December 16, 2008 at 2:28 pm #175815
Does anyone have advice on the best way to prepare for an MLA program? I’m starting a program next Fall and have time now to take some evening/weekend classes. From what I’m hearing, the drawing and computer courses related to LA in most universities leave a lot to be desired. I’m taking some drawing and composition, but was wondering if it would worth taking some CAD, or painting, or more design classes. Any advice?December 16, 2008 at 8:23 pm #175821
I’ve been taking coursework with Berkeley’s Extension program (history, graphics, intro to design, etc) but am hopefully beginning an MLA program in Tennessee Virginia next year. I like the idea of learning more hand drawing and drafting skills, which I think take much longer to learn than computer skills, but am not really sure how relevant to the profession it is.I know computers but have never worked with any design software. I wasn’t sure if I should take some computer classes this far in advance of possibly using those skills later in an internship, since I would imagine one has to practice at it in lieu of losing those skills.
MarkDecember 16, 2008 at 8:24 pm #175820
I’ve seen other students who’ve had Mike Lin’s workshop, and as professional as it looks, it kind of all looks the same to me.December 16, 2008 at 8:31 pm #175819
Mike Lins courses leave something to be desired from what I’ve heard and seen 😉
The graphics in those workshops are kind of outdated and the rendering style isn’t being used so much anymore, though I’m sure alot of folks have created some derivative style of their own from his. Learn how to draw in scaled perspective without straight edge or scales, learn to draw a measured perspective from a scaled plan, learn to draw in plan. The rendering style will come later. Take some art classes on sketching, plant id is good too. I think the jury is still out on the relevance and applicability of LEED and any decent office should pay for your portion after graduation. I dont think there is much to be specifically applied, feasibly, in an academic studio setting. Think about what you might want to get out of the program, ie urban planning, horticultural knowledge, phytoremediatory design, residential applications, etc..or just dive in and see what happens 😉December 16, 2008 at 8:34 pm #175818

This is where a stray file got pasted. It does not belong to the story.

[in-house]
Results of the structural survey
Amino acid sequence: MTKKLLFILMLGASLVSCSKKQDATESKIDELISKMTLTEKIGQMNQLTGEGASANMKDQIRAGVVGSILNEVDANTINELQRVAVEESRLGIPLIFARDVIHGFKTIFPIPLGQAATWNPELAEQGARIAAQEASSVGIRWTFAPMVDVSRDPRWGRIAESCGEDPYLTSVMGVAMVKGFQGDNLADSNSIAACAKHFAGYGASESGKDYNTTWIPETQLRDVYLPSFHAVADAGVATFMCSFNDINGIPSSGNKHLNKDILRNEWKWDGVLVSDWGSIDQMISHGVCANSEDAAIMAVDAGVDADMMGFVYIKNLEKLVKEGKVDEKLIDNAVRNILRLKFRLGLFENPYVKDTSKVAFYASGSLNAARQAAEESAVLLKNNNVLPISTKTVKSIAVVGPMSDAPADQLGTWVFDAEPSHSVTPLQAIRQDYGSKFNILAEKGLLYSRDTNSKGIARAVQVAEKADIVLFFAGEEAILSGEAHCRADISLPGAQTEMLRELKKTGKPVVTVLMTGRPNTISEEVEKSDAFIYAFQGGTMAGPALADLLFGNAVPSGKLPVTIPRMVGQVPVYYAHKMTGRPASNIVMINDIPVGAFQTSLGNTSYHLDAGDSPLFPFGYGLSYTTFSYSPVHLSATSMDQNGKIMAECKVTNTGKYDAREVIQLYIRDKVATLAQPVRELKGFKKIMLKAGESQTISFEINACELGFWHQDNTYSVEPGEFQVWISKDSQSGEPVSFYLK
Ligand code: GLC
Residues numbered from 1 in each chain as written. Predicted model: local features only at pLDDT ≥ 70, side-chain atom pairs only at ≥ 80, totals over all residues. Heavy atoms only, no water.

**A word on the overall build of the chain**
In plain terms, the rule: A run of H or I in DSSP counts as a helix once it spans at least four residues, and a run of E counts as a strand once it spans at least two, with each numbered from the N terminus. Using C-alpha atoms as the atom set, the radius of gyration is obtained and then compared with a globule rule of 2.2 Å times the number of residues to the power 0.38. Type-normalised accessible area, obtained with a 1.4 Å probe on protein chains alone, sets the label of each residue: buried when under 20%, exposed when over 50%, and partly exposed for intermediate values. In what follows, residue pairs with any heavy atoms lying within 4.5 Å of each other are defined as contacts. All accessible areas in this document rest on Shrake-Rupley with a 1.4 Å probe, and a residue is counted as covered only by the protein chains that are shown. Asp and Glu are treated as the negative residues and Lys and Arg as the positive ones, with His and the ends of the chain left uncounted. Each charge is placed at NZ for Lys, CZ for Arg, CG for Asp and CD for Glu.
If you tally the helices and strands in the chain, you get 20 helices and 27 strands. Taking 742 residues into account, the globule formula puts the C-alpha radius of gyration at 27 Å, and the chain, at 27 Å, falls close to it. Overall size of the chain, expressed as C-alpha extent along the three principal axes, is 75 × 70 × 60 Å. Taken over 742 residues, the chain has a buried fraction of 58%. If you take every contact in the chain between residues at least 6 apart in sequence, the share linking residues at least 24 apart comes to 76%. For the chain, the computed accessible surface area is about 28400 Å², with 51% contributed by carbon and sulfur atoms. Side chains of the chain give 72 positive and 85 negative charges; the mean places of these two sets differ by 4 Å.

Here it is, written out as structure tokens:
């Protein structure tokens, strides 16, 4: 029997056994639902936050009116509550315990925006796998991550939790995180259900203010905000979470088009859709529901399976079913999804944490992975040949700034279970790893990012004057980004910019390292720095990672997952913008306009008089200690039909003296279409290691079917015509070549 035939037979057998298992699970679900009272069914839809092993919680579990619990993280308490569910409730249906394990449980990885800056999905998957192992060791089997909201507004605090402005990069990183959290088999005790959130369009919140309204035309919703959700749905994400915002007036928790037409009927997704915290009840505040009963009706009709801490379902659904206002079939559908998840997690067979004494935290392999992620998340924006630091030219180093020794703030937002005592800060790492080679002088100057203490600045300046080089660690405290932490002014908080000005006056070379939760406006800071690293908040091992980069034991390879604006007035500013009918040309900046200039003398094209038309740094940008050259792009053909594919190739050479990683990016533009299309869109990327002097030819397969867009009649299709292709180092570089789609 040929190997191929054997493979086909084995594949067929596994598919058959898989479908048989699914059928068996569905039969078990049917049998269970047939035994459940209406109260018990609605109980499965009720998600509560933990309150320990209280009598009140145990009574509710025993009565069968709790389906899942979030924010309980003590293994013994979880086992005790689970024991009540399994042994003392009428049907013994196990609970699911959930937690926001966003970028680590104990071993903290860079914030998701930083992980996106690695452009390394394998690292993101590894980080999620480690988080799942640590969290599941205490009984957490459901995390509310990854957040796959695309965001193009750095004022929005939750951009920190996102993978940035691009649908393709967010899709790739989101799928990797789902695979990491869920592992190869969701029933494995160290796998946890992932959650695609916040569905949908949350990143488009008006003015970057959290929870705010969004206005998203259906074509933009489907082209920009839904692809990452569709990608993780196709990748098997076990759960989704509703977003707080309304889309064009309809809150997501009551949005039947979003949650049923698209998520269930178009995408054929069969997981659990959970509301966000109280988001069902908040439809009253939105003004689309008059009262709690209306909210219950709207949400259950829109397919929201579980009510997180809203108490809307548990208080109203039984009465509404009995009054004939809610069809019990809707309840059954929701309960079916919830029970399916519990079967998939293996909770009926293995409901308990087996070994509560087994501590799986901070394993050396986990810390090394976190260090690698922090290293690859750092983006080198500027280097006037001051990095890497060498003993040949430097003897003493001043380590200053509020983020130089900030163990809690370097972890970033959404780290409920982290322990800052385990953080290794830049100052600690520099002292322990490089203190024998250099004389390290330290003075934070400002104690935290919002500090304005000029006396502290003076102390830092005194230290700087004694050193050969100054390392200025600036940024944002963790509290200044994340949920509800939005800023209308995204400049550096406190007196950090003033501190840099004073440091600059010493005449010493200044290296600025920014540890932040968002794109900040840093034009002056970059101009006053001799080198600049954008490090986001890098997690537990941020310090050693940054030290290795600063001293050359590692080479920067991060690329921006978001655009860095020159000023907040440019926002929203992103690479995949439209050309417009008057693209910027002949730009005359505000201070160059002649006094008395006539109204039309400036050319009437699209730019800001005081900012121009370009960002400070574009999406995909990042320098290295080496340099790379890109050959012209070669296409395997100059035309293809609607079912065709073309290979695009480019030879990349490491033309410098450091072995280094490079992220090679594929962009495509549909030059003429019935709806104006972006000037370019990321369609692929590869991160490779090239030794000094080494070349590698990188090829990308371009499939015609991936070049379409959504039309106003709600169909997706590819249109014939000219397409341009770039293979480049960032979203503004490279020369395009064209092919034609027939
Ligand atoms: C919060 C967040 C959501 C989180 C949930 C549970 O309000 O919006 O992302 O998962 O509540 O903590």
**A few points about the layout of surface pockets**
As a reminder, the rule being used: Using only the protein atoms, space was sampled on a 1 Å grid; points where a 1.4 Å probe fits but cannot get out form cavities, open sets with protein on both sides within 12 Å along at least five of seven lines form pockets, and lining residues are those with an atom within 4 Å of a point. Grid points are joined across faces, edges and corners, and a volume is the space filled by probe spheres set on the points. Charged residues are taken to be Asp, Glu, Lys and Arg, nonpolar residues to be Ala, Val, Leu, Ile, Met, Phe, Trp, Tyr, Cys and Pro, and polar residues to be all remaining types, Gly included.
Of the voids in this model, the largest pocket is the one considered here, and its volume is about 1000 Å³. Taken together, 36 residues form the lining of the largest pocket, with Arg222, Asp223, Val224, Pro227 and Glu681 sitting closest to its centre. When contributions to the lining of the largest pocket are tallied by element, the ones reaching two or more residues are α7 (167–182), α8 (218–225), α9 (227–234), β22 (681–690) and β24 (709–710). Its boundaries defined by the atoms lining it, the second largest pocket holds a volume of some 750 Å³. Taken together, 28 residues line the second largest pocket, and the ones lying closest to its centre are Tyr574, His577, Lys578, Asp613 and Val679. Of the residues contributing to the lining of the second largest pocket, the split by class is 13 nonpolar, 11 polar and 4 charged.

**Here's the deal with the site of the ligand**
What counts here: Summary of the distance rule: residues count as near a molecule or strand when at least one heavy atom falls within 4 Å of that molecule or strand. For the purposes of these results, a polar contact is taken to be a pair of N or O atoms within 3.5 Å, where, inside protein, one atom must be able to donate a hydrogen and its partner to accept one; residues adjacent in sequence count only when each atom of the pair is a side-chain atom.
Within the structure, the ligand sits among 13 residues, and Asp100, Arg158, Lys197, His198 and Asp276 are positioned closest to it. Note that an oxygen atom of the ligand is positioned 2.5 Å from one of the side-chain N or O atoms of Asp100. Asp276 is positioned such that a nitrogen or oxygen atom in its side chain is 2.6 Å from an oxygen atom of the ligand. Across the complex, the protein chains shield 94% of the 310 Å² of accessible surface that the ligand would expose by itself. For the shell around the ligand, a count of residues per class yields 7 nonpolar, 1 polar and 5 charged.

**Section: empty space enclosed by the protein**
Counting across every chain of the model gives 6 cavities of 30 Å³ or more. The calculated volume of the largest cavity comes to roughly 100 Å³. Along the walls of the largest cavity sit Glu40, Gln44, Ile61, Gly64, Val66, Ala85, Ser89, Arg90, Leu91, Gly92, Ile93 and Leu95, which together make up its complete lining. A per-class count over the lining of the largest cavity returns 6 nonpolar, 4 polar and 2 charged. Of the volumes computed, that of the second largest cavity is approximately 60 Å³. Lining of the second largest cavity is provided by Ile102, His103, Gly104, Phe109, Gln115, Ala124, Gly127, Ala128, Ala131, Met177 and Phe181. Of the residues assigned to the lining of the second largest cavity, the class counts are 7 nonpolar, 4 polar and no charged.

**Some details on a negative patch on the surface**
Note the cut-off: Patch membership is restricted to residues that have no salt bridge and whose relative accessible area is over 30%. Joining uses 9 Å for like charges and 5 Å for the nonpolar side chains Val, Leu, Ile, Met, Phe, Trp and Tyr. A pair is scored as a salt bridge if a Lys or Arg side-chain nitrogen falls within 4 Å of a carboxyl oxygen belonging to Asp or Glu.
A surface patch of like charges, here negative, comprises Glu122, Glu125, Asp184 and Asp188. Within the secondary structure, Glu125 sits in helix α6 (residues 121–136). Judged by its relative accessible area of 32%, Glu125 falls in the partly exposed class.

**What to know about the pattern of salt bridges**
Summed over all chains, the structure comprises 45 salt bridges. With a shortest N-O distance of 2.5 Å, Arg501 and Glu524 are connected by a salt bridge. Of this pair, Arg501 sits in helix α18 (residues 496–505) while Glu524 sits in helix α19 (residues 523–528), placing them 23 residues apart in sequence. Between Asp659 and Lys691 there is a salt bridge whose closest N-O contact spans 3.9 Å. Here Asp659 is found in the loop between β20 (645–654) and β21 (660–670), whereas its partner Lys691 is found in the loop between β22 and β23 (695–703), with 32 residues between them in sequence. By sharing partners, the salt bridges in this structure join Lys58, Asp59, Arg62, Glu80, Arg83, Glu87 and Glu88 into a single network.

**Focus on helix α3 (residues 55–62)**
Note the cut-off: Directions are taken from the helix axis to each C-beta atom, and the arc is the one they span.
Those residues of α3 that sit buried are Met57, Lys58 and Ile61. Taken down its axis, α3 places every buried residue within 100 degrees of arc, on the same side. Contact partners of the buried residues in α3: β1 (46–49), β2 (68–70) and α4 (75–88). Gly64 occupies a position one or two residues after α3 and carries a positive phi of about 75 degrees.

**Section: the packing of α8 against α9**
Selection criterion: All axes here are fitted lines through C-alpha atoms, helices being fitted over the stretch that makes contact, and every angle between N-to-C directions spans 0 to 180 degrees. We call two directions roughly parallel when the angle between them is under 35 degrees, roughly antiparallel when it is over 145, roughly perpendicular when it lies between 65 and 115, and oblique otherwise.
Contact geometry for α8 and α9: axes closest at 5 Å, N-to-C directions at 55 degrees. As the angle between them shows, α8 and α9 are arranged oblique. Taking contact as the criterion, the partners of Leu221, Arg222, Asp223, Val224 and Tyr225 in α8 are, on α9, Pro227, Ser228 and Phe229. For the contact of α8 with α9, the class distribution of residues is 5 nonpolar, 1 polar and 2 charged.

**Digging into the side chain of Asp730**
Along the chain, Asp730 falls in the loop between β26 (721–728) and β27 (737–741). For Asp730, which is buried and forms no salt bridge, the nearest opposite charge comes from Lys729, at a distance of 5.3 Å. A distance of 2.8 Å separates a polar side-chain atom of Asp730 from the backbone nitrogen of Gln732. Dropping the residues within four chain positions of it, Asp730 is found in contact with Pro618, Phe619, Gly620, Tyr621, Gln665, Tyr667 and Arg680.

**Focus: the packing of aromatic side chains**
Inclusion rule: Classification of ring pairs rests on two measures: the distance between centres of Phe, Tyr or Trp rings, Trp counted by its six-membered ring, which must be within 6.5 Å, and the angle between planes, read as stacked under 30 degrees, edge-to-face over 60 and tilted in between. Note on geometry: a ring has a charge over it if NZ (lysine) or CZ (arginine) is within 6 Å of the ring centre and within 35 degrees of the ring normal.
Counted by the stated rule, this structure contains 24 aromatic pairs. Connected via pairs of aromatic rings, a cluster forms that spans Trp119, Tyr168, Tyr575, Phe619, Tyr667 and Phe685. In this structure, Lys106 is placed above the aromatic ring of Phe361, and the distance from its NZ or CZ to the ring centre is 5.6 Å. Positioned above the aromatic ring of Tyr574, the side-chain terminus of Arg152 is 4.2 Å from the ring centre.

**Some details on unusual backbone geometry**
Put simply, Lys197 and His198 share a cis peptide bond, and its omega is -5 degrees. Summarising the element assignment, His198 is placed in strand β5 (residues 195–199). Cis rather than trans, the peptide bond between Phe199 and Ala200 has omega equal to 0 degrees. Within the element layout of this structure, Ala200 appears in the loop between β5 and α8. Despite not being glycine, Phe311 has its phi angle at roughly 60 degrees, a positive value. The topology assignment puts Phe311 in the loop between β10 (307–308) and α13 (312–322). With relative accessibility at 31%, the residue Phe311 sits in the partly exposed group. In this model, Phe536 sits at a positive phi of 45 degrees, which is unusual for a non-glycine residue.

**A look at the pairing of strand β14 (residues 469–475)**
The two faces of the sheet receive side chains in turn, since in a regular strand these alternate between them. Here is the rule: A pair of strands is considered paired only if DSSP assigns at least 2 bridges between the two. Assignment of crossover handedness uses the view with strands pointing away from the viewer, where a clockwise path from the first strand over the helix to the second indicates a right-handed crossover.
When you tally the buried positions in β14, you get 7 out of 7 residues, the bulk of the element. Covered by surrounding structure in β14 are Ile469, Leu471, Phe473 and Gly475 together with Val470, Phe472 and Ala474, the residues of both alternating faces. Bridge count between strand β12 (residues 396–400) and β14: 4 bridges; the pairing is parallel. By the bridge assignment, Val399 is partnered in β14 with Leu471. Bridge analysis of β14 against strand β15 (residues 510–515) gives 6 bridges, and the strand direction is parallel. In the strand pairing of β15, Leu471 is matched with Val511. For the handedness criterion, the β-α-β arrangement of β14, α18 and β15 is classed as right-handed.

^^^ Agreed 99%..
I had very minimal exposure to photoshop and the Adobe suite before entering the program and feel it gave me a huge advantage. Just knowing how to open the programs and make a new layer will give you a 5% advantage 😉 Autocad is good to familiarize yourself with as well, but I think you’ll get all that for the most part in the program..good luck!December 16, 2008 at 10:29 pm #175817
I disagree that LEED is a “tool.” Many professors and professionals, both accredited and non-accredited alike generally agree, as do I, that LEED is much more of a marketing tool than a skill or tool to be utilized on any given project. The other argument I’ve heard to this is that if you don’t practice on LEED projects, it is easy to forget. LEED accreditation is based on a standardized test requiring alot of memorization of specifc figures and “regulations.” Another layer to the argument is whether or not LEED is actually relevant or applicable to landscape architecture. The current exam you could take is LEED-NC (New Construction), which as far as I know id generally focused on new construction of buildings, ie mechanical, structural systems, materials, etc. There is a small part on actual site design and, again, as far as I can see much of it is fairly obvious. There will be another type of accreditation in 12 months or more called LEED-ND (neighborhood development) which focuses on more planning aspects. Just my two cents 😉December 16, 2008 at 10:39 pm #175816
Thanks for all the great advice! Wow, I’m still not sure what to do but love hearing the conversation.
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